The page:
For the briefest of moments, it was amazing. My mind swam in ethereal waves as reverie lapped onto its shore. Fred Dinenage, father of a government minister, was now the father of the Premier League’s CEO? The clouds gathered as I wondered if this was the result of government dabbling in eugenics decades ago. The X-Files suddenly seemed real.
I snapped out of it when I realised Mrs Dinnage spelt her surname differently. How disappointing. It’s telling that in an era where fans demand more footballing men on club boards, the Premier League turns to television for their succour.
Good luck, Mrs D; you’ll need it.
Which, I hope, is a similar message to the one Bruce Buck received from Vinai Venkatesham when they asked each club for £250,000 to fund a Tricky Dicky’s leaving present. £250k from 20 clubs; £5m. For a man who earnings over the past twenty years must be close to £15m, if not considerably more.
Five million pounds. I’ll pause while I wait for the blood pressure medication to kick in and the bulging veins on the sides of my head to subside.
A quick flick through the club news sees us issuing statements about modern slavery, funding players at the Amputee World Cup, and £25,000 paid to the Indonesia Tsunami Appeal. I’m sure all those affected by nature’s torrent will agree that the outgoing CEO of the Premier League is worth 200 times more than they are. Think of the big Dick trapped in fuel poverty in his retirement.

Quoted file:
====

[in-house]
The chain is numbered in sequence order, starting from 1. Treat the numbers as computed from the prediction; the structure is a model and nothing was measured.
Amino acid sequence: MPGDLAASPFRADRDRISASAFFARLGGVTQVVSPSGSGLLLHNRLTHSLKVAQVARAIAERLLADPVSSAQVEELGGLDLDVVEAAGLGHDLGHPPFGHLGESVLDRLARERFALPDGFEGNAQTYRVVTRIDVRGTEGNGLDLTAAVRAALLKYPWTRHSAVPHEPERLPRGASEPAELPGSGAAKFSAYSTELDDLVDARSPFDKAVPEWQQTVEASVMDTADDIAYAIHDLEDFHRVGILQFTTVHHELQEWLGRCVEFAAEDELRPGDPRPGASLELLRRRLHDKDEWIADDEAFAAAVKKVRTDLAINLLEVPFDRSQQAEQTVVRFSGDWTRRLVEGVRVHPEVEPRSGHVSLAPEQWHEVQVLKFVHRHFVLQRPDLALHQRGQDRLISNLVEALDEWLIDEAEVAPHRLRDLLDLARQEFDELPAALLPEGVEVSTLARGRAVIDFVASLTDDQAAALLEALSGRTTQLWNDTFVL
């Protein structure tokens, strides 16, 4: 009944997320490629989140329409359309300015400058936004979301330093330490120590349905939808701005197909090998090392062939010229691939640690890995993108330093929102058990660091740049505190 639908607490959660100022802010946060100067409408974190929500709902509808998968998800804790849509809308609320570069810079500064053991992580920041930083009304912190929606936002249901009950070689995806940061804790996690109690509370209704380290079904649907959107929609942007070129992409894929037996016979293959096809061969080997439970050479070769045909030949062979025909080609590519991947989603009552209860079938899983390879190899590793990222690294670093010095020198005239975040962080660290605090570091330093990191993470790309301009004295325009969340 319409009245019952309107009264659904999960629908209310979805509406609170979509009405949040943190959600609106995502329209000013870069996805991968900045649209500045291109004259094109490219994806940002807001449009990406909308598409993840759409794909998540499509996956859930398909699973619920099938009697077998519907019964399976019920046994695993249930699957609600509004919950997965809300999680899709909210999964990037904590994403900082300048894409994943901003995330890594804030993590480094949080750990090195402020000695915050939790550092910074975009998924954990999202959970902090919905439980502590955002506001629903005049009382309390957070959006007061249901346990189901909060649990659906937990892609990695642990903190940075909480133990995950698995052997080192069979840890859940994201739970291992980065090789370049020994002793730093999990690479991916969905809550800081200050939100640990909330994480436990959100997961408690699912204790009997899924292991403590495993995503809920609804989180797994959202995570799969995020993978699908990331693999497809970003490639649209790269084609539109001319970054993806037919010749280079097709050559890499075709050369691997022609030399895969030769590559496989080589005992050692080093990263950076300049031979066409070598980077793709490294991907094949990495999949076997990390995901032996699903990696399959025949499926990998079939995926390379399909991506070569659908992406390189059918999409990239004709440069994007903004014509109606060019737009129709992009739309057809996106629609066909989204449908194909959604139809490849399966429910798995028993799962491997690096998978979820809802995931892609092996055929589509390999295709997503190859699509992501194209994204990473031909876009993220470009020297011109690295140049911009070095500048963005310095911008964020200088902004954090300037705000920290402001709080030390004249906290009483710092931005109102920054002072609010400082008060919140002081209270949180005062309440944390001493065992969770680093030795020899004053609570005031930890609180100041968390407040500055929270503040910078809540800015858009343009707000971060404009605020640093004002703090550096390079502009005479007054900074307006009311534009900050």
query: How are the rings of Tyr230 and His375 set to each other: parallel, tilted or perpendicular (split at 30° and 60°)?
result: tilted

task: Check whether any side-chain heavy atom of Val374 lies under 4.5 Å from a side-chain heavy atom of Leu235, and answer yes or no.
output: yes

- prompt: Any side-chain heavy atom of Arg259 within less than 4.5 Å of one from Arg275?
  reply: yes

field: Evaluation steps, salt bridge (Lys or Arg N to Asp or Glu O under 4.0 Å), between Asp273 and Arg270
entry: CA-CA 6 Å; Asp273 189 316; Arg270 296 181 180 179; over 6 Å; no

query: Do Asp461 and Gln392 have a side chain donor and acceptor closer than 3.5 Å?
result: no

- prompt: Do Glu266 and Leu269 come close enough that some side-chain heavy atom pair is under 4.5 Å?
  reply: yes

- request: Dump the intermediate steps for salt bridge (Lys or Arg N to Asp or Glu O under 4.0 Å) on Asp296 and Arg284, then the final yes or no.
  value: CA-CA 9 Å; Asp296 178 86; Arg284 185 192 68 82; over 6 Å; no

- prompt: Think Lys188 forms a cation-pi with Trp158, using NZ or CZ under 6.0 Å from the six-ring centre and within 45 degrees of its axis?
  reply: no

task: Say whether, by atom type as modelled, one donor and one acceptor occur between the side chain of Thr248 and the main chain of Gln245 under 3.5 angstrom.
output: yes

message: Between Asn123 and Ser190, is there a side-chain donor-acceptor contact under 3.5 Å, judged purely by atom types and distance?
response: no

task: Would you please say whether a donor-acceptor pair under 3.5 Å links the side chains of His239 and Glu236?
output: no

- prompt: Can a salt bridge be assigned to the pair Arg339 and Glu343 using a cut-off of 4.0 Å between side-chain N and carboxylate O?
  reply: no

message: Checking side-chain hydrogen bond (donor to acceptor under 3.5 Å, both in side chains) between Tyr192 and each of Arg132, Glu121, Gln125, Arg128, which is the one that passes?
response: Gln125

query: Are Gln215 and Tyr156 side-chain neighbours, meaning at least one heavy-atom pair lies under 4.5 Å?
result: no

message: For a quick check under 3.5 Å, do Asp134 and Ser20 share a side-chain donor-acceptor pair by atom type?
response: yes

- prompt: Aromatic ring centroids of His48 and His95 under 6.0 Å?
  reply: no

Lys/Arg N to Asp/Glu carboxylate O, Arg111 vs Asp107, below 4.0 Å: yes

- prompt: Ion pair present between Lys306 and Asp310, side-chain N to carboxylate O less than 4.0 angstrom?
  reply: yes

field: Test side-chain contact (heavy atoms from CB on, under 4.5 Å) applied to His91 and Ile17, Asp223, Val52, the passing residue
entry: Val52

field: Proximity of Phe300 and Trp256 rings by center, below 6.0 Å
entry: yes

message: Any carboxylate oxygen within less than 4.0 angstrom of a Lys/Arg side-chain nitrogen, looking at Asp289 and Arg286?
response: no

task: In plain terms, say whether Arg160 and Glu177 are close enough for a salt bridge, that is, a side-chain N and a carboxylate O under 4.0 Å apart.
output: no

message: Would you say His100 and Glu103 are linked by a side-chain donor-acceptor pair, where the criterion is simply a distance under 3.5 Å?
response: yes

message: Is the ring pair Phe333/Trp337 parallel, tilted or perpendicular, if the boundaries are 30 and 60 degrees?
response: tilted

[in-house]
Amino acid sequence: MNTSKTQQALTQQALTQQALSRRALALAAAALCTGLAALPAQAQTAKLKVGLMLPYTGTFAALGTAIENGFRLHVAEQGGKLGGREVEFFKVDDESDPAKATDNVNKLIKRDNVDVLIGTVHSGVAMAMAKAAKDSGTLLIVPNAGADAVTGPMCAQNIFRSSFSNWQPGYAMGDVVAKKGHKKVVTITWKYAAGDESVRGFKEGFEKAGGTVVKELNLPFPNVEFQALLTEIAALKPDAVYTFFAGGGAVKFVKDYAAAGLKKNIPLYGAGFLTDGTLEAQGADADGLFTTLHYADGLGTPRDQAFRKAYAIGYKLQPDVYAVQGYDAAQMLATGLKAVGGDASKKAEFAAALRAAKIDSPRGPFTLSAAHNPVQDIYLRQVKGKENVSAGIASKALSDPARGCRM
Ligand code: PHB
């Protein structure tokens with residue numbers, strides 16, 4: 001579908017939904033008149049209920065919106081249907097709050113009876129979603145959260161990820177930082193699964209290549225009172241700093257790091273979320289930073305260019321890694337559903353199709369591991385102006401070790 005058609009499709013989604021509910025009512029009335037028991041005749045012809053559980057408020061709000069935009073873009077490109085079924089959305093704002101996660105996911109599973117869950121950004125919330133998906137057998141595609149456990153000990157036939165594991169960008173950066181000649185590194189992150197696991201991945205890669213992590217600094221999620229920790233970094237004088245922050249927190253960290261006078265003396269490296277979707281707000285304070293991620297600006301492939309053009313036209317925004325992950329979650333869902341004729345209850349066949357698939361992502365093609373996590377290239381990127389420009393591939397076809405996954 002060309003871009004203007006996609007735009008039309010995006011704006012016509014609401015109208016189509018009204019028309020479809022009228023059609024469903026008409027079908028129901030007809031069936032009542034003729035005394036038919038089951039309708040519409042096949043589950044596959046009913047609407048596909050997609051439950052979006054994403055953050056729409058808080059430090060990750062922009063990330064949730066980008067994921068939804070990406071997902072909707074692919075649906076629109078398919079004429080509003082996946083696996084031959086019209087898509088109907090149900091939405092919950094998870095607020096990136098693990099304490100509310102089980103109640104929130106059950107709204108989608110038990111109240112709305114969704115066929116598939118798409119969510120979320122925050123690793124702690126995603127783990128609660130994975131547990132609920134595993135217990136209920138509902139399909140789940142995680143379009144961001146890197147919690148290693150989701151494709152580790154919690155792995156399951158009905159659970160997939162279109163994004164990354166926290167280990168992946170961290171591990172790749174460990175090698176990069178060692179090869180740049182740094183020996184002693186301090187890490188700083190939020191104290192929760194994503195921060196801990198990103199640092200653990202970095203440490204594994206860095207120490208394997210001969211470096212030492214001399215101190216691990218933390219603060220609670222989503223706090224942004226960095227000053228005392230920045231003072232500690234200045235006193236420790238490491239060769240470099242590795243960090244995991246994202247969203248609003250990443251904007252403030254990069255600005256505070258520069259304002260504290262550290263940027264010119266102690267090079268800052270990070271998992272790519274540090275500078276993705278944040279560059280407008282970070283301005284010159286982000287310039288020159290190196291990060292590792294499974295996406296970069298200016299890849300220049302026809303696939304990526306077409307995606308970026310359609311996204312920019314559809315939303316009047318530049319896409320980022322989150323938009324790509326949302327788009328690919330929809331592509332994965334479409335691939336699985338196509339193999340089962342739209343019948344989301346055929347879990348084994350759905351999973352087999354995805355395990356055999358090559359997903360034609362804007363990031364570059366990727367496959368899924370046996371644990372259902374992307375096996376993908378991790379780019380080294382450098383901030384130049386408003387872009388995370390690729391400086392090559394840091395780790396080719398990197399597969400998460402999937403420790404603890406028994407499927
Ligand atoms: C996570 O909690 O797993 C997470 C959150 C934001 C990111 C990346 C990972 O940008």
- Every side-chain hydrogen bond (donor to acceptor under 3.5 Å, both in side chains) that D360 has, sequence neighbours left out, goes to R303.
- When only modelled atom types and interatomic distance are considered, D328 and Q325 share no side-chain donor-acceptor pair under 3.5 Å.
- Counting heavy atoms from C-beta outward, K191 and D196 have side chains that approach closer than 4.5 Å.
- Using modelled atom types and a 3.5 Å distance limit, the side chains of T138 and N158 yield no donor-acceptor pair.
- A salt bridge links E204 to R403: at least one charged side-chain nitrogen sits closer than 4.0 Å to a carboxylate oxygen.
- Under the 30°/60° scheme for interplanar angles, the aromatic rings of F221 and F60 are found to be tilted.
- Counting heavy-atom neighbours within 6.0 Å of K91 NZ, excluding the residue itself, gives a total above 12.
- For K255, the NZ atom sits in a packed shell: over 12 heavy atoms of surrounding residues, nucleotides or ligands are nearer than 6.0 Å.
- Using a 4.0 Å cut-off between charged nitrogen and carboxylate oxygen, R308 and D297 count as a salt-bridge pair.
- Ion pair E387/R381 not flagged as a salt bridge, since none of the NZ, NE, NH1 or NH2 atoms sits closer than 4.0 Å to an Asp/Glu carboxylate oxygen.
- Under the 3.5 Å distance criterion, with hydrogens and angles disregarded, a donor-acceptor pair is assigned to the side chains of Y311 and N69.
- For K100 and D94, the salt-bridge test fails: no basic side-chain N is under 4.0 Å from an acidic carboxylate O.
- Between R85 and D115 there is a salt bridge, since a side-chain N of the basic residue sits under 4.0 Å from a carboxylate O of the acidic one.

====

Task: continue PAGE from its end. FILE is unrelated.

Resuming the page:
It’s nothing short of disgusting. This is a club which can’t even be bothered to force third-party vendors to sign up to the living wage so it will come as no surprise if they prove to be jellyfish on this issue.
Nice Work If You Can Get It
You wonder how Bruce Buck thought his suggestion would (a) be well-received since few chairmen are owners, and, (b) it would be kept out of the press. At what point does some sense of social responsibility kick in with these people?
The Arsenal Foundation continues to work hard in the community. Think what it could do with another £250k. More good than a bonus to Scudamore.
After a week of stories about Manchester City’s finances which continue to rumble and the Chelsea chairman puts a note out asking for a £5m collective contribution. The detachment from reality is staggering.
And yet it isn’t. This is the Premier League which has zero sense of social responsibility. Which pays lip service to the rest of football and would be quite happy if the rest of football disappeared, leaving them to reap even more broadcasting revenues.
Money is Scudamore’s legacy. He took ‘greed is good’ and gave it go-faster stripes, furry dice, and a “skinny big-t***ed broad” next to him. The sunstrip across of the windscreen told everyone it was “Wayne” and “Kerr” because, he claimed, the ‘y’ fell off. We all know differently.
This is a man who oversaw Lord Stephens inquiry into allegations of corruption which saw no-one banned. George Graham remains tarred as the only corrupt person in the history of the Premier League. Think about that.
And yet in 2006, Ashley Cole and his agent were immersed in a tapping-up scandal. Remind me again of the hardline taken by the Premier League in enforcing their regulations.
This brings you a £5m retirement present.
So, Bruce and cohorts. You give Scudamore’s pot £250k each but don’t be surprised if the criticism next time a rise in ticket prices is announced is a lot more vociferous.